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Activity recognition results on UCF Sports and Holywood2

Table above shows the results, obtained on UCF Sports dataset (http://crcv.ucf.edu/data/UCF_Sports_Action.php). We report recognition rate with respect to the number...


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Computational efficiency and parallel implementation

The developed algorithms are computationally effective and the compositional processing pipeline is well-suited for implementation on massively parallel architectures. Many...


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Motion hierarchy structure

Our model is comprised of three processing stages, as shown in the Figure. The task of the lowest stage (layers...


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Server crash

After experiencing a total server failure, we are back online. We apologize for the inconvenience - we are still in...


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L1: motion features

Layer L1 provides an input to the compositional hierarchy. Motion, obtained in L0 is encoded using a small dictionary.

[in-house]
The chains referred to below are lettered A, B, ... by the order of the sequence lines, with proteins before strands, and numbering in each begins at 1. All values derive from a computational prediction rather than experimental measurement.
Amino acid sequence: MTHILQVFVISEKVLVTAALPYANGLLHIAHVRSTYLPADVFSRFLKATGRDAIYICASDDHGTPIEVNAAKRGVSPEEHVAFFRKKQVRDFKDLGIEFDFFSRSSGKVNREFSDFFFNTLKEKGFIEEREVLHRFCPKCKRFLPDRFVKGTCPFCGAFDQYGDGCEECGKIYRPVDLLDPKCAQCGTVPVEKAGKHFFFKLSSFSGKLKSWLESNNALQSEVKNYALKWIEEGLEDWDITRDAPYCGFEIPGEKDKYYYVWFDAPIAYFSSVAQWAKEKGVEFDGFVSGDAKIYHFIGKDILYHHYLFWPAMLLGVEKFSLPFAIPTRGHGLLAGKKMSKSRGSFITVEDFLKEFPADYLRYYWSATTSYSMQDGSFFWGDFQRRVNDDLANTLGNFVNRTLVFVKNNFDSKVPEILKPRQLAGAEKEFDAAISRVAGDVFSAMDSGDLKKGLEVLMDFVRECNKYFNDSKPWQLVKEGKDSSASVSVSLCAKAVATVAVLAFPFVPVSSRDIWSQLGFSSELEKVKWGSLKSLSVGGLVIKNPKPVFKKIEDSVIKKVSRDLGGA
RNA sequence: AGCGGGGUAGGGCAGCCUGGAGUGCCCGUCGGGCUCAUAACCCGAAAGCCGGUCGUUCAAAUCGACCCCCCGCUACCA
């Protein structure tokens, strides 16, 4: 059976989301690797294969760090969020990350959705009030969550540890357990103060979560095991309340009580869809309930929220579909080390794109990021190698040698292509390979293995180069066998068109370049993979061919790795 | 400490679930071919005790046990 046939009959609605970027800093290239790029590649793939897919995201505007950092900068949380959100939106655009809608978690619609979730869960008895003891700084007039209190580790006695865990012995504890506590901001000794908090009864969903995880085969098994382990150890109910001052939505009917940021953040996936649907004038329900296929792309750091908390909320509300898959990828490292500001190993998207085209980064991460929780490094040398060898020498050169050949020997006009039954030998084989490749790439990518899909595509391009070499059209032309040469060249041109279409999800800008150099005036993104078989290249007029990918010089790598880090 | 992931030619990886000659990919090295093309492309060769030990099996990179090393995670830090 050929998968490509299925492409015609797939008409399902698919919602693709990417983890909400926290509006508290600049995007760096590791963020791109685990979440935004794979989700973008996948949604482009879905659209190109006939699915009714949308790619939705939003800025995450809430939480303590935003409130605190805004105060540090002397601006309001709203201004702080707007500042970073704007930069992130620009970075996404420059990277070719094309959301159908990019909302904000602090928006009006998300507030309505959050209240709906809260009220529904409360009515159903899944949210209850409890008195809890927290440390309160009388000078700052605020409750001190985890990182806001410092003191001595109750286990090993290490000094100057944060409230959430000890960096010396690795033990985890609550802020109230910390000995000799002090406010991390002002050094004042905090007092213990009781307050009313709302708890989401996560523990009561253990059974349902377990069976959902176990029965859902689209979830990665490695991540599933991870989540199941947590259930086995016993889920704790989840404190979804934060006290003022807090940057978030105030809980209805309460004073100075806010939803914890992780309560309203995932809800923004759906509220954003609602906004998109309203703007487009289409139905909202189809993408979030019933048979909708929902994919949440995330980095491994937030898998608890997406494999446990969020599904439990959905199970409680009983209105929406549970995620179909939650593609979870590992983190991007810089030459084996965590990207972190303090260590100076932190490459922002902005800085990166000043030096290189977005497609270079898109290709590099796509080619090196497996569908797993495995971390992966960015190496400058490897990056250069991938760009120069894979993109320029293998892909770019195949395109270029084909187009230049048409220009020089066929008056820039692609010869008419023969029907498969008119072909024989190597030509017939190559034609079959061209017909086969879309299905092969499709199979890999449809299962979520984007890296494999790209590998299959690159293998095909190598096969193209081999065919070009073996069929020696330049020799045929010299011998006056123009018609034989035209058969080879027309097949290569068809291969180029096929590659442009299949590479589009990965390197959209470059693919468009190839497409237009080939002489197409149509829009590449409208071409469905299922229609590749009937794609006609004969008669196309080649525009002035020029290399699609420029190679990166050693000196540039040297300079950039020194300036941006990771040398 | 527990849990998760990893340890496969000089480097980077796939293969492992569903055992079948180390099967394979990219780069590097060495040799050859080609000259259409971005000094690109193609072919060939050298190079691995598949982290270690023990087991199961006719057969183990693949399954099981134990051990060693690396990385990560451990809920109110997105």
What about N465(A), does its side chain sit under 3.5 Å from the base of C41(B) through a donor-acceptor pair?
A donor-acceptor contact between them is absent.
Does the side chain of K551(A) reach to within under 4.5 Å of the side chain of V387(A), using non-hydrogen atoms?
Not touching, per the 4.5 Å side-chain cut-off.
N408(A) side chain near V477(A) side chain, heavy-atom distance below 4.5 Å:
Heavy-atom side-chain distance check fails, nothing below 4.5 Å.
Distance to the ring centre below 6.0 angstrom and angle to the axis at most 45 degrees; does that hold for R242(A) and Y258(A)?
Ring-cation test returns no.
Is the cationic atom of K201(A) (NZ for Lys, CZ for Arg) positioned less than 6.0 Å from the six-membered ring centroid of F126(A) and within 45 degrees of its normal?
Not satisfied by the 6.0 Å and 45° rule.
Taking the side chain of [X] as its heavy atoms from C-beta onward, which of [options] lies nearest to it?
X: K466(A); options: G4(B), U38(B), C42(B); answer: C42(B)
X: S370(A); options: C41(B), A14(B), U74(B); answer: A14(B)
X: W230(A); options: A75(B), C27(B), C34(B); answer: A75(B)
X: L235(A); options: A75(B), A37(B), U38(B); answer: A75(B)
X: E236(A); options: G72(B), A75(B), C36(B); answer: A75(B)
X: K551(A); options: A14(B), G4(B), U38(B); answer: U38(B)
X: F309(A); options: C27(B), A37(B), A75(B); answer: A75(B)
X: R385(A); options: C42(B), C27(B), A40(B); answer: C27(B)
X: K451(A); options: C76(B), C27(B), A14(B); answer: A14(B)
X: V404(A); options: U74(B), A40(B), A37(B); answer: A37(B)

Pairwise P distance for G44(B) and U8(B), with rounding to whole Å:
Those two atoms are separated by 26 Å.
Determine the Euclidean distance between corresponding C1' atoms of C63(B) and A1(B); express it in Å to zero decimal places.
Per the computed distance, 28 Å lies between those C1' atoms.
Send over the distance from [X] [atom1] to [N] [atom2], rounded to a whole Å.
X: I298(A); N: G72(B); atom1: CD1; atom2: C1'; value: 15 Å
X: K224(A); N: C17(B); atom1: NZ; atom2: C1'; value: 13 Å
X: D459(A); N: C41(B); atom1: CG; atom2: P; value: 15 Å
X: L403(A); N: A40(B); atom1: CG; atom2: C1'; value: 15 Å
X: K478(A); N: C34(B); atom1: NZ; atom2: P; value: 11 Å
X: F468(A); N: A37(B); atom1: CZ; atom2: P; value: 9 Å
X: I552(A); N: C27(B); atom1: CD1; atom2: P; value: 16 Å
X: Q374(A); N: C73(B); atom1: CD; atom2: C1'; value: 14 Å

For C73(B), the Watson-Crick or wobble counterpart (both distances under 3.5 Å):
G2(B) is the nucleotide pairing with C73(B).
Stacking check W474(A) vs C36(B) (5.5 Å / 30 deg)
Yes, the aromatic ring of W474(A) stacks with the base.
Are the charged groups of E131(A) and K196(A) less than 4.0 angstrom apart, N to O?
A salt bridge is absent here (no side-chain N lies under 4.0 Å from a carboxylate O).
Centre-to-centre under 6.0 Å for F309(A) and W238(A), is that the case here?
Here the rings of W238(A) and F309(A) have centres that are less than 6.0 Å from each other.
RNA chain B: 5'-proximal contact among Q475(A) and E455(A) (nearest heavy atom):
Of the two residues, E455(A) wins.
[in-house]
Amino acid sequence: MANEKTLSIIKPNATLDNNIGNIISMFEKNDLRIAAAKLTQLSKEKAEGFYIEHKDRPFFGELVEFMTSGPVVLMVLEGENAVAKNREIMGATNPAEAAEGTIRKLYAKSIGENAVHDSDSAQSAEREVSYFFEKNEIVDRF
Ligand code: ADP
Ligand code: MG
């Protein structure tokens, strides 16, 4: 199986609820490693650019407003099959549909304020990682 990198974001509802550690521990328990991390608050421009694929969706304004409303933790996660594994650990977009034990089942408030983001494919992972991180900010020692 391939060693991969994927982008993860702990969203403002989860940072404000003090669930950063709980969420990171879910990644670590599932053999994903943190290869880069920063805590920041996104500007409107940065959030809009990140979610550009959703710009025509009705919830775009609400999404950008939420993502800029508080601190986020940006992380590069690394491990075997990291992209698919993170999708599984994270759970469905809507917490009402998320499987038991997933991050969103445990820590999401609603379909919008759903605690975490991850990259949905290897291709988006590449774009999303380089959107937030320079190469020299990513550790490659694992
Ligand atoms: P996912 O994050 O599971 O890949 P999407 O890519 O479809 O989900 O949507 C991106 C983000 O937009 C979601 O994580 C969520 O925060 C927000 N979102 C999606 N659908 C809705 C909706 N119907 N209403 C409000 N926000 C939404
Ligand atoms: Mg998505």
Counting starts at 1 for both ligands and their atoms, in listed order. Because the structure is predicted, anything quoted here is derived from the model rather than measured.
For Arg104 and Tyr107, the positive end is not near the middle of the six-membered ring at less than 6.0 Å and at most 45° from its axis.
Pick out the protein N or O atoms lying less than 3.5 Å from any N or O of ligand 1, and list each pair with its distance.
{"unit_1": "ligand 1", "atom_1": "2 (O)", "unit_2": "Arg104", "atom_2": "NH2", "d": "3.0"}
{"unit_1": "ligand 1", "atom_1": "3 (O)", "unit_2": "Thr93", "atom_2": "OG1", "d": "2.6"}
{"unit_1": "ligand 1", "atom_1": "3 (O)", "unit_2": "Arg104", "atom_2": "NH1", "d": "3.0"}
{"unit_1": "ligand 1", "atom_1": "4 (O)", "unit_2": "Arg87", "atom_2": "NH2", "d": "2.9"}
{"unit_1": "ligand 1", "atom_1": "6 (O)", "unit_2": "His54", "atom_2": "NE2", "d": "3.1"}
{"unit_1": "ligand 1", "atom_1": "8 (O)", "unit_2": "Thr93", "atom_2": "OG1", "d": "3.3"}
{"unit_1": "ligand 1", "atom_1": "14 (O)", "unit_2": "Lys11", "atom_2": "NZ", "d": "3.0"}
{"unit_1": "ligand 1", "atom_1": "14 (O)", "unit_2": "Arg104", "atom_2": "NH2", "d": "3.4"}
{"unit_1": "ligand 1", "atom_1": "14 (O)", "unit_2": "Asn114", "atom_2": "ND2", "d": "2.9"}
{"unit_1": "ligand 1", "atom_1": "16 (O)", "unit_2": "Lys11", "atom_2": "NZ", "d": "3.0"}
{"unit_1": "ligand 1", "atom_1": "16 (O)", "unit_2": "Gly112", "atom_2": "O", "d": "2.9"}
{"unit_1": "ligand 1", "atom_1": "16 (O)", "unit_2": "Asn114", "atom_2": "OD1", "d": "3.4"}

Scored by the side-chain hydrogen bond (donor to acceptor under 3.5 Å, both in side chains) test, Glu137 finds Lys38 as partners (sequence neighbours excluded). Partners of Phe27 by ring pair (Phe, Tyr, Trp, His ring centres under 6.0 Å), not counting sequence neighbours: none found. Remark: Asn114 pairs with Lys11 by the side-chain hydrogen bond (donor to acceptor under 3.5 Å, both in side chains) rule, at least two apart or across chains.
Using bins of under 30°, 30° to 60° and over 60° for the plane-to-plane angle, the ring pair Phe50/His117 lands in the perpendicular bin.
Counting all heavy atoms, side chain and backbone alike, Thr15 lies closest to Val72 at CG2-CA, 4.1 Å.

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Experimental evaluation

Work package leader: MVL

Model structure is only the first step towards the working system for action recognition. Such complex models usually include a large number of parameters, and the performance of the model in a particular task depends heavily on the values of those parameters. Those parameters can be seen as hidden variables of the compositional model. Therefore, the only way to obtain values of those parameters, is through the process of identification, by running the model on appropriate data and observing its output. The identification of those parameters is usually performed concurrently with learning. The training set of input data is usually split into two parts, with the larger part used for actual learning, and the smaller part used for evaluation of algorithm’s performance. Therefore, model parameters are essentially adjusted through meta­learning.

When shape­based compositional hierarchical model is used for object categorization [Fidler2010a], the lowest levels of the hierarchy can be determined in advance. Parts on the second level are composed from the very basic perceptual units (Gabor filters) of the first level, however they still represent universal building blocks that are largely independent from the particular recognition or categorization task, and similar can be said for the organization of parts on the second level. This means, that those two layers can be trained independently from the actual training data, and this training can be interpreted as part of a model adjustment process. Additionally, extension of compositional hierarchical model into the spatio­temporal domain will undoubtedly increase model’s complexity, and parameter adjustment will be even more challenging.

Therefore, this work package will be composed of the following tasks:

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